Domu sent me a stand mixer to put through its paces. The VonShef stand mixer has a 1260w motor and comes with a dough hook, whisk and paddle. It has a similar styling to the KitchenAid with its curved body and stainless steel bowl.
I was interested to see how it would perform against my KitchenAid. I use my KitchenAid mixer daily, mixing bread doughs for the family, making cakes and occasionally I use it for students at my bread courses who want to learn how to mix their doughs in their stand mixers.
The Vonshef is a fraction of the price of the KitchenAid, but then it doesn’t have the sturdy workmanship that you expect of a stand mixer in the KitchenAid price range. The VonShef is made of plastic and so does not have the heavy, sturdy feel of the KitchenAid, but the benefit of this is its portability – the VonShef can easily be lifted in and out of cupboard if you don’t have the workspace to store your stand mixer on the worktop. The VonShef’s plastic is slightly more lightweight than the cheaper Kenwood Mixers on the market, but the VonShef is also cheaper than the cheapest Kenwood.
I have been thoroughly testing the VonShef over the past couple of weeks. It has made cakes and mixed the enriched doughs and pizza dough ahead of a bread class. I have been impressed with its performance.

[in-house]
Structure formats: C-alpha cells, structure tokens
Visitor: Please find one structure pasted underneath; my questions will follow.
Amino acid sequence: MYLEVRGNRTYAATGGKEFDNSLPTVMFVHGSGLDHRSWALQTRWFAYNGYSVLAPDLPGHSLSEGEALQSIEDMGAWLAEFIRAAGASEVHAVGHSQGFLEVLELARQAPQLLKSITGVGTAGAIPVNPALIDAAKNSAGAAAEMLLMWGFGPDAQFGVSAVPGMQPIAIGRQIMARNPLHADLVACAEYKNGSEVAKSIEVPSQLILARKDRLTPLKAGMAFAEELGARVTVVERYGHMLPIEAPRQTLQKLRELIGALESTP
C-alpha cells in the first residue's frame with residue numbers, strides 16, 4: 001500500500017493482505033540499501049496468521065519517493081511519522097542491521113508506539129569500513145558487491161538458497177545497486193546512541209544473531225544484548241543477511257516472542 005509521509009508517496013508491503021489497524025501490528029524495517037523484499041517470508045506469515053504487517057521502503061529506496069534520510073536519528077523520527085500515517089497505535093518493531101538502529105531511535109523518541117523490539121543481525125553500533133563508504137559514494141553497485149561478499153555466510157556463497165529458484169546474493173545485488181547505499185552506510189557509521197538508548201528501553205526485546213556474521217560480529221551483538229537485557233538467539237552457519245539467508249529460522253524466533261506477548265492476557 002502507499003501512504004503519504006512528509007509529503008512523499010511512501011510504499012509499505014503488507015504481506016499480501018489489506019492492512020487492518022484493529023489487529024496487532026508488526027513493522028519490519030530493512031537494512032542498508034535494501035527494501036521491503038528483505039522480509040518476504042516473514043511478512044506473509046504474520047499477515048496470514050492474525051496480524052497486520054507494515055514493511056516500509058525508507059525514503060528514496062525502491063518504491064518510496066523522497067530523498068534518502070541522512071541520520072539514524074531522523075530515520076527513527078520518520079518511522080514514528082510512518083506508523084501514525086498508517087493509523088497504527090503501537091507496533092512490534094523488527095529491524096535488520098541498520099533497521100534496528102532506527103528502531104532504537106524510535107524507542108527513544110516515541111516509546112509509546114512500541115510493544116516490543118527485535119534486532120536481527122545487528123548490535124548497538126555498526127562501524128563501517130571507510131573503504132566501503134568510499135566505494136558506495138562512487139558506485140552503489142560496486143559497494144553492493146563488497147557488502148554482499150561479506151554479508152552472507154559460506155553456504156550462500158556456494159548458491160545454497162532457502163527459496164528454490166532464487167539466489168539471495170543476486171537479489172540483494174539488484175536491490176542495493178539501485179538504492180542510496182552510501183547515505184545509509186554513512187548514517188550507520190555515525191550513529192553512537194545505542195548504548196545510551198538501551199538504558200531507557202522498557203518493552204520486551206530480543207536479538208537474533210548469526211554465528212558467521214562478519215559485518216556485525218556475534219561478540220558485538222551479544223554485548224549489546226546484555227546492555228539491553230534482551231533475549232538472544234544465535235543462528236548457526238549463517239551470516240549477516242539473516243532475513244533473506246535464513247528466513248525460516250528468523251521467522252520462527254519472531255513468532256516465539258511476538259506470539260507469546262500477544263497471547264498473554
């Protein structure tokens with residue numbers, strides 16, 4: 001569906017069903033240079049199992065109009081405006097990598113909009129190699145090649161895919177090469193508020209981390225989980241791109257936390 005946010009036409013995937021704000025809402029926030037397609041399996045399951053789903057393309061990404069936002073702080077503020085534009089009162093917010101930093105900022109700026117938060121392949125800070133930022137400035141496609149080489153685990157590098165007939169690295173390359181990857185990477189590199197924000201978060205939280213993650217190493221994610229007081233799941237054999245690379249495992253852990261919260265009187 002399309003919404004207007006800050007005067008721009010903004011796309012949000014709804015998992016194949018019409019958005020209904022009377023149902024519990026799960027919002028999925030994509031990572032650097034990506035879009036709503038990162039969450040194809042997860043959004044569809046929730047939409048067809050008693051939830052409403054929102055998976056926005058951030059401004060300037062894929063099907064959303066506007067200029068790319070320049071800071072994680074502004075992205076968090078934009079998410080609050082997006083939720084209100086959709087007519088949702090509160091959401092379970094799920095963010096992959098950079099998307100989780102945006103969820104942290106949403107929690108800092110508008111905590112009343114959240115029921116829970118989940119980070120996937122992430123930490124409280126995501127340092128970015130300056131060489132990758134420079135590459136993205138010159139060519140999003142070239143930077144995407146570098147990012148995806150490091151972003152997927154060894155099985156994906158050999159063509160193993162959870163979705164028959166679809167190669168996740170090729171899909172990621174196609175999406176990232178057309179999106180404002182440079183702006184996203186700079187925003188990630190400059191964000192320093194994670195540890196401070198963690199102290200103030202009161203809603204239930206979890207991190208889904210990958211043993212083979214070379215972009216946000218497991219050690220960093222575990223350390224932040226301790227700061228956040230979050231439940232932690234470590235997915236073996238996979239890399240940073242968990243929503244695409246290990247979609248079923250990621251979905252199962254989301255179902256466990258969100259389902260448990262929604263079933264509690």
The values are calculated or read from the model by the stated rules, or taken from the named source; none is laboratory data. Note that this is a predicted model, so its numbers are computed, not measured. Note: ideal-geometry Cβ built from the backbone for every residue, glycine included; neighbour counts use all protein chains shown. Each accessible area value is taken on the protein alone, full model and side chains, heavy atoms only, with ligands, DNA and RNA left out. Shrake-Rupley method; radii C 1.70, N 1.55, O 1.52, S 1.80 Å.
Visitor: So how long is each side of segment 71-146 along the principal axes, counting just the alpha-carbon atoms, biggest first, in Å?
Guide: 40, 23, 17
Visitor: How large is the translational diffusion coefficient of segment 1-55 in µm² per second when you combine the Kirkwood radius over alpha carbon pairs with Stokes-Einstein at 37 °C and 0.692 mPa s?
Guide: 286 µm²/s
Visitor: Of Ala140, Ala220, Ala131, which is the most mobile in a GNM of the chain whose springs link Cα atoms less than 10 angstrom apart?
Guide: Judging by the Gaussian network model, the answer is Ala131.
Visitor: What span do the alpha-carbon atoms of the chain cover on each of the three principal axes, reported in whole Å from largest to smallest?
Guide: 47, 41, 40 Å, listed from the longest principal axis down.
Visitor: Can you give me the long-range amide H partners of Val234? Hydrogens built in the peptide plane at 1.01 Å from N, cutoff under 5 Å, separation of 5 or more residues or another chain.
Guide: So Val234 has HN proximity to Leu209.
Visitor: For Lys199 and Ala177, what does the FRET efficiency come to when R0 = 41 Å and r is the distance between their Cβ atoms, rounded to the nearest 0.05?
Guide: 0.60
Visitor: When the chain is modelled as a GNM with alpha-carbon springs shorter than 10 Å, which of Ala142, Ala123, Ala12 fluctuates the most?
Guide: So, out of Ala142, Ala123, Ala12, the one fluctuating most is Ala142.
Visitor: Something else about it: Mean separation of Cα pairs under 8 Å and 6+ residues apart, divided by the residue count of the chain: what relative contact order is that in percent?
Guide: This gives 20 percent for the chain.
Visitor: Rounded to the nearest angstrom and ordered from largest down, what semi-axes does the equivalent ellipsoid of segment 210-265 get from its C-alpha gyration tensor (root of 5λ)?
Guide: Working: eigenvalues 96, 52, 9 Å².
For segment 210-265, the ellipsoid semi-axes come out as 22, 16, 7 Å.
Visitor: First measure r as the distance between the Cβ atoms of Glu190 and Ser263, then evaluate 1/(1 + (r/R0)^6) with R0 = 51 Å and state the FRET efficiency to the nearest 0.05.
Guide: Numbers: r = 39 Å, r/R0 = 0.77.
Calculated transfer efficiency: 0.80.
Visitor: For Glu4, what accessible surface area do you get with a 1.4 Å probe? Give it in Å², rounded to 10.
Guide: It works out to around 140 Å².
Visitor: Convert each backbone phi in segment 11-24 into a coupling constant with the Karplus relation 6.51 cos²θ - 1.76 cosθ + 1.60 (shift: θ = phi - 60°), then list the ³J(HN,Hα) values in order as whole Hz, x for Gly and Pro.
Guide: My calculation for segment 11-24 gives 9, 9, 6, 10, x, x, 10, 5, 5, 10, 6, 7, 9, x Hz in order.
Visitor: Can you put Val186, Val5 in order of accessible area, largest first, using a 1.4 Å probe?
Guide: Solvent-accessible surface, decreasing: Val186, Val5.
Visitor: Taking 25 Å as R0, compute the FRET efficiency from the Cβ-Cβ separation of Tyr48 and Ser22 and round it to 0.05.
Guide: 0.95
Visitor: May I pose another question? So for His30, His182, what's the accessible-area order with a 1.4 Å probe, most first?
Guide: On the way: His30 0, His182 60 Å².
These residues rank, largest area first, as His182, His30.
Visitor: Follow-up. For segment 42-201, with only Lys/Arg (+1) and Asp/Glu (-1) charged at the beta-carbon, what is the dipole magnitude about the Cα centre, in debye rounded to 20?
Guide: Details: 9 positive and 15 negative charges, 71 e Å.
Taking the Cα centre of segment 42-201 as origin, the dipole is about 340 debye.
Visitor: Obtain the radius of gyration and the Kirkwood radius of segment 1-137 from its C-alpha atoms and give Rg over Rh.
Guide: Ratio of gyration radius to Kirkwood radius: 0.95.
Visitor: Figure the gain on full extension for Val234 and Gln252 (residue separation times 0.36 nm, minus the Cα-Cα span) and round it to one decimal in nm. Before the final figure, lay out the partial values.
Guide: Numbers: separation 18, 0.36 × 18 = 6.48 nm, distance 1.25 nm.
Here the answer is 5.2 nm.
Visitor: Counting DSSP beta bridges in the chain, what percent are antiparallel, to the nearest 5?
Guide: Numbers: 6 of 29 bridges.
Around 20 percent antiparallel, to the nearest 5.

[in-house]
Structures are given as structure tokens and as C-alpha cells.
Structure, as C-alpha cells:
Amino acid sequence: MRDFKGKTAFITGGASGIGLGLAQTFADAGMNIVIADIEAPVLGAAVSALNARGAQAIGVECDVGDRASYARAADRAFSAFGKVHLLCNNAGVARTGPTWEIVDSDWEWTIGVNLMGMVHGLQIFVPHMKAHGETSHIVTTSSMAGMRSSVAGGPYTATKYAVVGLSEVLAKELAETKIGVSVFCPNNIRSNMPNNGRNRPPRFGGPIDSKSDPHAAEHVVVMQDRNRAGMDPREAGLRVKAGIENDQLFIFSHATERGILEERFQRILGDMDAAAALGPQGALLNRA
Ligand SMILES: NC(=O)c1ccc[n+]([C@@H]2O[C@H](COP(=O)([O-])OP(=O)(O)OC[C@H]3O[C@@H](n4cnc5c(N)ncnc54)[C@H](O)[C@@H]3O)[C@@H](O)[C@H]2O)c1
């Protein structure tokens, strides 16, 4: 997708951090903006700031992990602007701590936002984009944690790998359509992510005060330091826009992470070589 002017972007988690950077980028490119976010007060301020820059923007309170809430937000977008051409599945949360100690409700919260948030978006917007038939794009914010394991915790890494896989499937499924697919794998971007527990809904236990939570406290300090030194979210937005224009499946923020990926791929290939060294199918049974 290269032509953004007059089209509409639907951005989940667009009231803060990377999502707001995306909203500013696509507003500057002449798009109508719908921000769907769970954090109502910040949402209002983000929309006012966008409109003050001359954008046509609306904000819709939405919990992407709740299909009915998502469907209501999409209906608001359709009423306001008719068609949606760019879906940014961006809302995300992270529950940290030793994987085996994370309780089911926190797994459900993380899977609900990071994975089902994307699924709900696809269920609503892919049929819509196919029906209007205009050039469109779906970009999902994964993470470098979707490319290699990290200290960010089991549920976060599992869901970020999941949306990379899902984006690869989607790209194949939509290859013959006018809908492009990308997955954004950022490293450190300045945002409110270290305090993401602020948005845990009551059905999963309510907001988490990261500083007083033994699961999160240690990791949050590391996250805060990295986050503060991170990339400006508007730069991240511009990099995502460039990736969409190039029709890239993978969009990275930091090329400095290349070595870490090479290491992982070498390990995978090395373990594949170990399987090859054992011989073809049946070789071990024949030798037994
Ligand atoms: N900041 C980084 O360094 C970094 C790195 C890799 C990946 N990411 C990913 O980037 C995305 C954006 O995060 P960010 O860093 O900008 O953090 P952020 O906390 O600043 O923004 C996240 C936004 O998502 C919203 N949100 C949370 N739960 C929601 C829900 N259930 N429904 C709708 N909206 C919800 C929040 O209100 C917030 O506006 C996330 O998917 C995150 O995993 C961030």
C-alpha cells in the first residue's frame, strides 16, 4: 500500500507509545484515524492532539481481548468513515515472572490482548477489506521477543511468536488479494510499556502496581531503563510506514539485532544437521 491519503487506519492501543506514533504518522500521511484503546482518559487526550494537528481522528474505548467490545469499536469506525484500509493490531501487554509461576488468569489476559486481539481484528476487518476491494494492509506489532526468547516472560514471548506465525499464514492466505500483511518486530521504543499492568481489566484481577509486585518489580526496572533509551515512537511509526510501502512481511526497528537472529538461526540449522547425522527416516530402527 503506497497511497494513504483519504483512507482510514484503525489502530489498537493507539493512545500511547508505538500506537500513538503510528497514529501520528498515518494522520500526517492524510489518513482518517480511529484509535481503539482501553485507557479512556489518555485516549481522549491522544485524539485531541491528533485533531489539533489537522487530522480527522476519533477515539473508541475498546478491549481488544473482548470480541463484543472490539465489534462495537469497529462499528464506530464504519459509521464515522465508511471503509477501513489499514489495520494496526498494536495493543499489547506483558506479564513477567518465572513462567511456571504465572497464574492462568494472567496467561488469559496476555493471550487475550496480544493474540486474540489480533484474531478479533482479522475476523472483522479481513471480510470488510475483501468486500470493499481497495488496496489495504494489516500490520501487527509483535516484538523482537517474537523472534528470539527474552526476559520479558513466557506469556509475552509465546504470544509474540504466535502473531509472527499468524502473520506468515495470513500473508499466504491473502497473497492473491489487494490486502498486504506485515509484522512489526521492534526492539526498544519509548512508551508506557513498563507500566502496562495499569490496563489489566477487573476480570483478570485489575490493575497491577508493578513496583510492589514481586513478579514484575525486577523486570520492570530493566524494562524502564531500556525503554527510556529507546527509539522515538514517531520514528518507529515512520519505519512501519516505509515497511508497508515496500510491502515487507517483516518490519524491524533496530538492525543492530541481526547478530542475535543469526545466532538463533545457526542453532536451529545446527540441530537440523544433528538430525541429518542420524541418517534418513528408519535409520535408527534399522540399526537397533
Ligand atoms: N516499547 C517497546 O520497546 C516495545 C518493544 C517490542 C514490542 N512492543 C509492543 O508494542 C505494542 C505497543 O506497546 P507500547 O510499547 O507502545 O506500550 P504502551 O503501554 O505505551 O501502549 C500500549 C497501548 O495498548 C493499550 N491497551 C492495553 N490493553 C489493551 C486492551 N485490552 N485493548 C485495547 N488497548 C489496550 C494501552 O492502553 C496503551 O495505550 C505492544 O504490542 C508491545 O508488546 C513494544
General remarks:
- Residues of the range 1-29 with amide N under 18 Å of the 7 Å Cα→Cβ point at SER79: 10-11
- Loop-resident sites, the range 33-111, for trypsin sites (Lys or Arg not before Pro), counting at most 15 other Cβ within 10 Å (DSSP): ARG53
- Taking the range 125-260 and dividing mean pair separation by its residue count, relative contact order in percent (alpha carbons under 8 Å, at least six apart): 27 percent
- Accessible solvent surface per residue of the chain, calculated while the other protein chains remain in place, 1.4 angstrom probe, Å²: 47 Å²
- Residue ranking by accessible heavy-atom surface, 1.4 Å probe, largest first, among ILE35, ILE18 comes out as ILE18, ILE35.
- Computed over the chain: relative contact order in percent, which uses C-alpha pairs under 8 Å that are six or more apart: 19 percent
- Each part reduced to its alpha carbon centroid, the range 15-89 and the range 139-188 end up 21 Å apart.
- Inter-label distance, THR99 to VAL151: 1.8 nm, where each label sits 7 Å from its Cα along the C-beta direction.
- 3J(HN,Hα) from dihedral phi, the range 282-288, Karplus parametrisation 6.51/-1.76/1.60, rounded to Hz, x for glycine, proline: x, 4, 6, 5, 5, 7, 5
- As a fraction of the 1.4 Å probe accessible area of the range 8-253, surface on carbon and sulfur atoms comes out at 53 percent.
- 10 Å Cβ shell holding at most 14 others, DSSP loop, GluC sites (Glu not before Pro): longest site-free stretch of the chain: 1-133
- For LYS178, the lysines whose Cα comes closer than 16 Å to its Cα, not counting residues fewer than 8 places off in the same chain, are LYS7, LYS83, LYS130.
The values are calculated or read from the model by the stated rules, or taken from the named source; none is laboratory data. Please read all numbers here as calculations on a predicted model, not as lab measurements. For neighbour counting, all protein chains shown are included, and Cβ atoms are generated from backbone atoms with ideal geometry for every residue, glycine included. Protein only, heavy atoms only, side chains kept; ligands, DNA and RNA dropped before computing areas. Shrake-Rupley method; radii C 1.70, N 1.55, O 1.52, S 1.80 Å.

It managed to mix five doughs consecutively (1 white pizza dough and 4 enriched doughs), using the mix and rest method, without any difficulty. The mix and rest method replicates the stretch and fold in the bowl by hand method that I use during the bread classes. Both take advantage of allowing the gluten proteins time to develop (as soon as you add liquid to flour the two proteins that make up gluten, (glutenin and gliadin), start to form chains) and then giving them a helping hand by mixing (machine) or folding (hand), allowing to rest and then another mix or fold. Both methods prove equally effective to a long knead by hand or running the mixer for 5-10 minutes. The instructions for the VonShef mixer advises that you don’t run the mixer for longer than 5 minutes to avoid overheating the motor and the mix and rest method avoids this. Although, I think a five-minute knead at speed 2 is more than sufficient to develop the gluten of most doughs.
The VonShef has a few features that really stand out. The splash guard fits well and makes adding ingredients mid-mix easy. The pulse action is very quick and is great when you have added eggs to a cake mixture. They are mixed evenly and efficiently. When I was making the cake, I found that I had to scrape down the bowl after each addition of a new ingredient, but I have to scrape down my KitchenAid too. The mixer worked perfectly well at mixing a light airy sponge.
It wasn’t just any cake either, but my eldest’s thirteenth birthday cake. A very important cake indeed.
So how do I rate the VonShef stand mixer? Well, it is noisier than my KitchenAid and nowhere near as sturdy or, let’s admit it, as beautiful, but for a mixer in the price range that it is in it is a great piece of equipment that makes great cakes and works perfectly well for mixing bread doughs. If you are looking for a budget mixer rather than a once-in-a-lifetime purchase then I can recommend the VonShef.
Disclaimer: I was sent a VonShef mixer free for the purposes of this review. The opinions expressed are my own and honest after thoroughly testing the mixer.